Many people are not aware that there are two types of vitamins, at least in regards to absorption.
The first group is water-soluble vitamins. They’re called “water-soluble” because they only require water to be absorbed and transported. Since our body has plenty of water, absorption isn’t usually a problem. The group of water-soluble vitamins includes all the B vitamins (B1/thiamin, B2/riboflavin, B3/niacin, B6, folate, B12), vitamin C, and several more. They’re essential, but that’s not what this post is about.
The second group of vitamins is said to be “fat-soluble”. As you may have guessed, they require more than water to be absorbed – they require fat. Fat molecules act as helpers for these vitamins to be absorbed in the intestines. Here’s a quick summary of the fat-soluble vitamins:
Functions: Promotes vision and also has roles in reproduction and growth.
Sources: Deep orange (like carrots and sweet potatoes) and dark green (like broccoli and spinach) vegetables are great sources. Beef liver and egg yolks are especially high in vitamin A and contain fat to enhance absorption.
Functions: Bone growth is the primary function, but some research indicates vitamin D is important in immunity, brain health, and possibly even fighting tumor development.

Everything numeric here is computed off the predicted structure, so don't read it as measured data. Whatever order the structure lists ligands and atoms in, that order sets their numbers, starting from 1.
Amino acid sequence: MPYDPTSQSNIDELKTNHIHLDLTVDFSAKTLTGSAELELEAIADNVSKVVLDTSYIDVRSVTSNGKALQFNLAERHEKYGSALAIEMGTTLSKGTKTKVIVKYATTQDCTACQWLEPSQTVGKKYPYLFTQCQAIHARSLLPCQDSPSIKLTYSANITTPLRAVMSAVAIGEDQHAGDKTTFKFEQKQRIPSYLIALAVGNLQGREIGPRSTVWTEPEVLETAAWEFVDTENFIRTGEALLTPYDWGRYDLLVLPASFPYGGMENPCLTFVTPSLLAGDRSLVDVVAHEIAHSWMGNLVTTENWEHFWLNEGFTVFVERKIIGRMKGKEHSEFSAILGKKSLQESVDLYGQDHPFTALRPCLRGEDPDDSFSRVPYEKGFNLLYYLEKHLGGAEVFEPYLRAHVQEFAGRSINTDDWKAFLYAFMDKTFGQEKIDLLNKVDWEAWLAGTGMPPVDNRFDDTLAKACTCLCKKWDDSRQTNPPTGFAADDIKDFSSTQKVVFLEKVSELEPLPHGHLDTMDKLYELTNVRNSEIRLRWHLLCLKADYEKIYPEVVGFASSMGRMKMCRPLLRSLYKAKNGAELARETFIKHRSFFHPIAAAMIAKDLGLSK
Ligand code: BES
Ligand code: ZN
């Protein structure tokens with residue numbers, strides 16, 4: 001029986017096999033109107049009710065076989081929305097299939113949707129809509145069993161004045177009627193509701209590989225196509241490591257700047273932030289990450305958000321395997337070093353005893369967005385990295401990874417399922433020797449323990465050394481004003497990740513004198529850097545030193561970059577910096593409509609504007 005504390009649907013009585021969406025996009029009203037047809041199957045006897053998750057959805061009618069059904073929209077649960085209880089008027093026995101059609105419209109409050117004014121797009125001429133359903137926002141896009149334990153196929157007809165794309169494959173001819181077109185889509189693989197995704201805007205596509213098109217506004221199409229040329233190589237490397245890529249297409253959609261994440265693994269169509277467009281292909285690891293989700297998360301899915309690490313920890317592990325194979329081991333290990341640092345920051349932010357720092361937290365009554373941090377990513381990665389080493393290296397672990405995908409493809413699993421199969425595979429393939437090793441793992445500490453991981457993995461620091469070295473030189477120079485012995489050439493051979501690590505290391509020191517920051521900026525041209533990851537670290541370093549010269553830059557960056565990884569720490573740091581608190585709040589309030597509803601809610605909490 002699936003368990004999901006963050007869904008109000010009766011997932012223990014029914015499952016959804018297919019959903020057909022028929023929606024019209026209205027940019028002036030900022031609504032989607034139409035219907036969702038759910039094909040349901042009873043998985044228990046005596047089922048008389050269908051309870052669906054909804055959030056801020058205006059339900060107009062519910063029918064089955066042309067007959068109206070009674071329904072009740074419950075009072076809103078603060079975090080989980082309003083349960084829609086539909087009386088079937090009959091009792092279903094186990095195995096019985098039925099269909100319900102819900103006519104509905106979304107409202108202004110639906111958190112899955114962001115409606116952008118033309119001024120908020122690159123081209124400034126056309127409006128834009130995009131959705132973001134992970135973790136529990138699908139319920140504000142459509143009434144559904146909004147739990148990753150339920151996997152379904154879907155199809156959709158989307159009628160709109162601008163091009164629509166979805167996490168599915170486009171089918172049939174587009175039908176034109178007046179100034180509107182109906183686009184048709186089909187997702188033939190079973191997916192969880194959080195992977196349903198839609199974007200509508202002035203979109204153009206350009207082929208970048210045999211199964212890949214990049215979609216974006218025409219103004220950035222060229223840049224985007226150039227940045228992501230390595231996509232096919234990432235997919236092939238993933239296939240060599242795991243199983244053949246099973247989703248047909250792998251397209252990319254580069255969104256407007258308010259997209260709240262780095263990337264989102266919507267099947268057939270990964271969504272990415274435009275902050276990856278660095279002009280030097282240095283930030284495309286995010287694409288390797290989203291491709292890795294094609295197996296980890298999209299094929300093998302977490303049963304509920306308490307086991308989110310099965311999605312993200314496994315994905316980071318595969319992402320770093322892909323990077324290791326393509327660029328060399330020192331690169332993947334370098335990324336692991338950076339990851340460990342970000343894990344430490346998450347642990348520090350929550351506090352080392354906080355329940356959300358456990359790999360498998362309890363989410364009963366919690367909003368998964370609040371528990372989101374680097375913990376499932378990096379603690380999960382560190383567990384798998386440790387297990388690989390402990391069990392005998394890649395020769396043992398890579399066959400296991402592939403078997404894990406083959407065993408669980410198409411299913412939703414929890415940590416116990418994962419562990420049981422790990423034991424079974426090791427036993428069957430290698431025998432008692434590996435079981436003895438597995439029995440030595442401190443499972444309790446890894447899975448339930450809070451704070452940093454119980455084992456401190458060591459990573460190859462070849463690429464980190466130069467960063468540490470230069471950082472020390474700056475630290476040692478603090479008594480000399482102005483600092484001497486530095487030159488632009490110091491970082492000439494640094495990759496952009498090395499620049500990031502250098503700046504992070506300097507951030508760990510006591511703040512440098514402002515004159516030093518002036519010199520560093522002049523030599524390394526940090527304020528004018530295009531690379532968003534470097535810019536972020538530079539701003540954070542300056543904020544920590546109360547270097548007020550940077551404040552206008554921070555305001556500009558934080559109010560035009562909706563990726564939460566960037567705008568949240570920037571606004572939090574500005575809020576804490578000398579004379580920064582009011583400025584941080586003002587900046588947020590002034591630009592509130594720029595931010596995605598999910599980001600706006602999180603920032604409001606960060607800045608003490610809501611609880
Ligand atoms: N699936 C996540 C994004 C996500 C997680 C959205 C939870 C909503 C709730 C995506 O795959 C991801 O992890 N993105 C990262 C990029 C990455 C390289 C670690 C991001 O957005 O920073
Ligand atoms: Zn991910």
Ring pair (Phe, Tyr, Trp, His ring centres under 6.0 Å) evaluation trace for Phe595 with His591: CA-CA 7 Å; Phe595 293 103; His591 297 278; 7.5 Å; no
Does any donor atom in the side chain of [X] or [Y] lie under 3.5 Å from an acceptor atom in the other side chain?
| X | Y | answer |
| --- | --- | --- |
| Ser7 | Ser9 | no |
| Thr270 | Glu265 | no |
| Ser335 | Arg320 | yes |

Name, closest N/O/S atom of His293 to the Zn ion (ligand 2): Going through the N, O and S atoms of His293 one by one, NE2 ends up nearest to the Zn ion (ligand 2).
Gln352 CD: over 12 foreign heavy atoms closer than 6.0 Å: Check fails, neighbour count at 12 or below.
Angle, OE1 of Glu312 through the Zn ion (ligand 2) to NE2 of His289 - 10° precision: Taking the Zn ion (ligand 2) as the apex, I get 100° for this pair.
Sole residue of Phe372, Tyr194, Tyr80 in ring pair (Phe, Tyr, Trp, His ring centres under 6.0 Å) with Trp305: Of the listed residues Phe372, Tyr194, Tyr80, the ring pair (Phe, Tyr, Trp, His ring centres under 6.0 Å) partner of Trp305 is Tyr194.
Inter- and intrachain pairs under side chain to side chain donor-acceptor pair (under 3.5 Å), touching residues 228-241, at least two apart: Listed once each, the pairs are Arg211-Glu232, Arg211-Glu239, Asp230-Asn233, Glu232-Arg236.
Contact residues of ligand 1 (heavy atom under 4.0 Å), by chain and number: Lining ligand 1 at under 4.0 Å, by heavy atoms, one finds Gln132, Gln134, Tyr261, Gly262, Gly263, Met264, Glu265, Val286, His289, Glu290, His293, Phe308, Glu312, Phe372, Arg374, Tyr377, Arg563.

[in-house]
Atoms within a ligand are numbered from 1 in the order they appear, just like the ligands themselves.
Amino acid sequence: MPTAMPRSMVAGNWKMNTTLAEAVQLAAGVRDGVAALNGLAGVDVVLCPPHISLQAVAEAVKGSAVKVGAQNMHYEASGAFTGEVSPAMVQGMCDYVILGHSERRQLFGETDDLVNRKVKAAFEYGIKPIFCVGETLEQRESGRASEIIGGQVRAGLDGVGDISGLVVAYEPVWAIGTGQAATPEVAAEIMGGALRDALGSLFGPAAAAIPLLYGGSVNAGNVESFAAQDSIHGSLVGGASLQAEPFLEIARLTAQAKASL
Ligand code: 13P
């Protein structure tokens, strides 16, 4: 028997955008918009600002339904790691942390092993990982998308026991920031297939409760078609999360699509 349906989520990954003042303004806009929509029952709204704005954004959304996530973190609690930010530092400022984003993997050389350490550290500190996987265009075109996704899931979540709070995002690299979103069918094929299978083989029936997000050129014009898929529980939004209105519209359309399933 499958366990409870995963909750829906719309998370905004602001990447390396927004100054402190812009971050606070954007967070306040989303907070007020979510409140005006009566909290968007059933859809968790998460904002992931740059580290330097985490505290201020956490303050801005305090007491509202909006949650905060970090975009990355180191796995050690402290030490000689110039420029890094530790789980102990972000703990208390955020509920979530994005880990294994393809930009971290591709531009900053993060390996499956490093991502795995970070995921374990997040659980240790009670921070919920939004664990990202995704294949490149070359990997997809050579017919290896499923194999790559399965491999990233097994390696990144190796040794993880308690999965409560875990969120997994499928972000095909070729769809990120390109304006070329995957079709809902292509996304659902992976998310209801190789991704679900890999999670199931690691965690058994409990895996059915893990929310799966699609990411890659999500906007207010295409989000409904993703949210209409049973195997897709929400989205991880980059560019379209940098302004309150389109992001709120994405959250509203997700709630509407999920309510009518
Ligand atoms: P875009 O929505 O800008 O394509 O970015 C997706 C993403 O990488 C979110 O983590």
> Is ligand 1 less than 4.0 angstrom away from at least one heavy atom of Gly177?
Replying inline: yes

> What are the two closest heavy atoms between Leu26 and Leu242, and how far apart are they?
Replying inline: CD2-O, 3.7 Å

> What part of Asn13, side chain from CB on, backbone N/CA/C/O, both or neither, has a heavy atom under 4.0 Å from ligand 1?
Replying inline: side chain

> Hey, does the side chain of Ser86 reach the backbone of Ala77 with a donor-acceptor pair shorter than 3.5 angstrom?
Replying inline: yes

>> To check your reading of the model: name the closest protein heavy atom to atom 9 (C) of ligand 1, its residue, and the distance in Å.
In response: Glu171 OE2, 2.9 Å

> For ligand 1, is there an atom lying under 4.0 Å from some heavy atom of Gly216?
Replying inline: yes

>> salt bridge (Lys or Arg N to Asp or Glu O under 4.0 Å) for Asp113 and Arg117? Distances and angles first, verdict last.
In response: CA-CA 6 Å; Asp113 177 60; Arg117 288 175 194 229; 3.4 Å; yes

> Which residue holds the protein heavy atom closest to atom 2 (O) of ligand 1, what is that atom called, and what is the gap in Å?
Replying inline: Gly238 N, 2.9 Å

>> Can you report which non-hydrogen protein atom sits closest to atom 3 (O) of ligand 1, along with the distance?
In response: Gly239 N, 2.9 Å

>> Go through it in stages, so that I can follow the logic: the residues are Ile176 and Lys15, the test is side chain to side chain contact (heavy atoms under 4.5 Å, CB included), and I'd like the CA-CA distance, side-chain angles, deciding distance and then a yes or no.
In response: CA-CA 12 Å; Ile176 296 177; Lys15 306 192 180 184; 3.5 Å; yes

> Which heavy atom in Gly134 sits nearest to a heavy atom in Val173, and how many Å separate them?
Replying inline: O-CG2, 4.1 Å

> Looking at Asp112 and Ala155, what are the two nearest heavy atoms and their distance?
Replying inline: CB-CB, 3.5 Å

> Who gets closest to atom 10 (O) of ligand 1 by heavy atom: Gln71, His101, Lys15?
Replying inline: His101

Sources: Our body can create its own vitamin D with moderate exposure to sunlight; luckily, you don’t need to eat fat to absorb this form of vitamin D. Dietary sources include fortified dairy products, egg yolks, liver, and fatty fish such as salmon and sardines.
Functions: It’s an important antioxidant, helping to prevent chronic diseases and inflammation.
Sources: Vegetable oils, leafy greens, whole grains, nuts, seeds, liver, and egg yolks.
Functions: Facilitates blood clotting and assists with building bones.
Sources: Your body can actually obtain vitamin K from bacteria in your intestines! Food sources include leafy greens, Brussels sprouts, and liver.
Another difference between fat-soluble and water-soluble vitamins is how they’re stored. Fat-soluble vitamins can be stored for relatively long periods of time in the liver and adipose tissue (body fat), while water-soluble vitamins are easily excreted via urine. This means that water-soluble vitamins need to be consumed more consistently, while a single, large intake of a fat-soluble vitamin can last someone for days, weeks, or even months. It also means, however, that fat-soluble vitamins can reach toxic levels much more easily than water-soluble vitamins.
What’s the takeaway? Your body needs fat for a variety of reasons, but absorbing and transporting these essential vitamins is a major one. Eating a meal of plain vegetables is unlikely to lead to your body obtaining these vitamins, so including fat as a boost for absorption is beneficial. Keep in mind the fat source doesn’t need to be directly on the vegetables, it just needs to reach your stomach around the same time.
With recommendations for vitamin D supplementation continuing to increase, it’s also important to note that these supplements should be taken with a meal or snack – otherwise you risk missing out on the benefits this nutrient provides.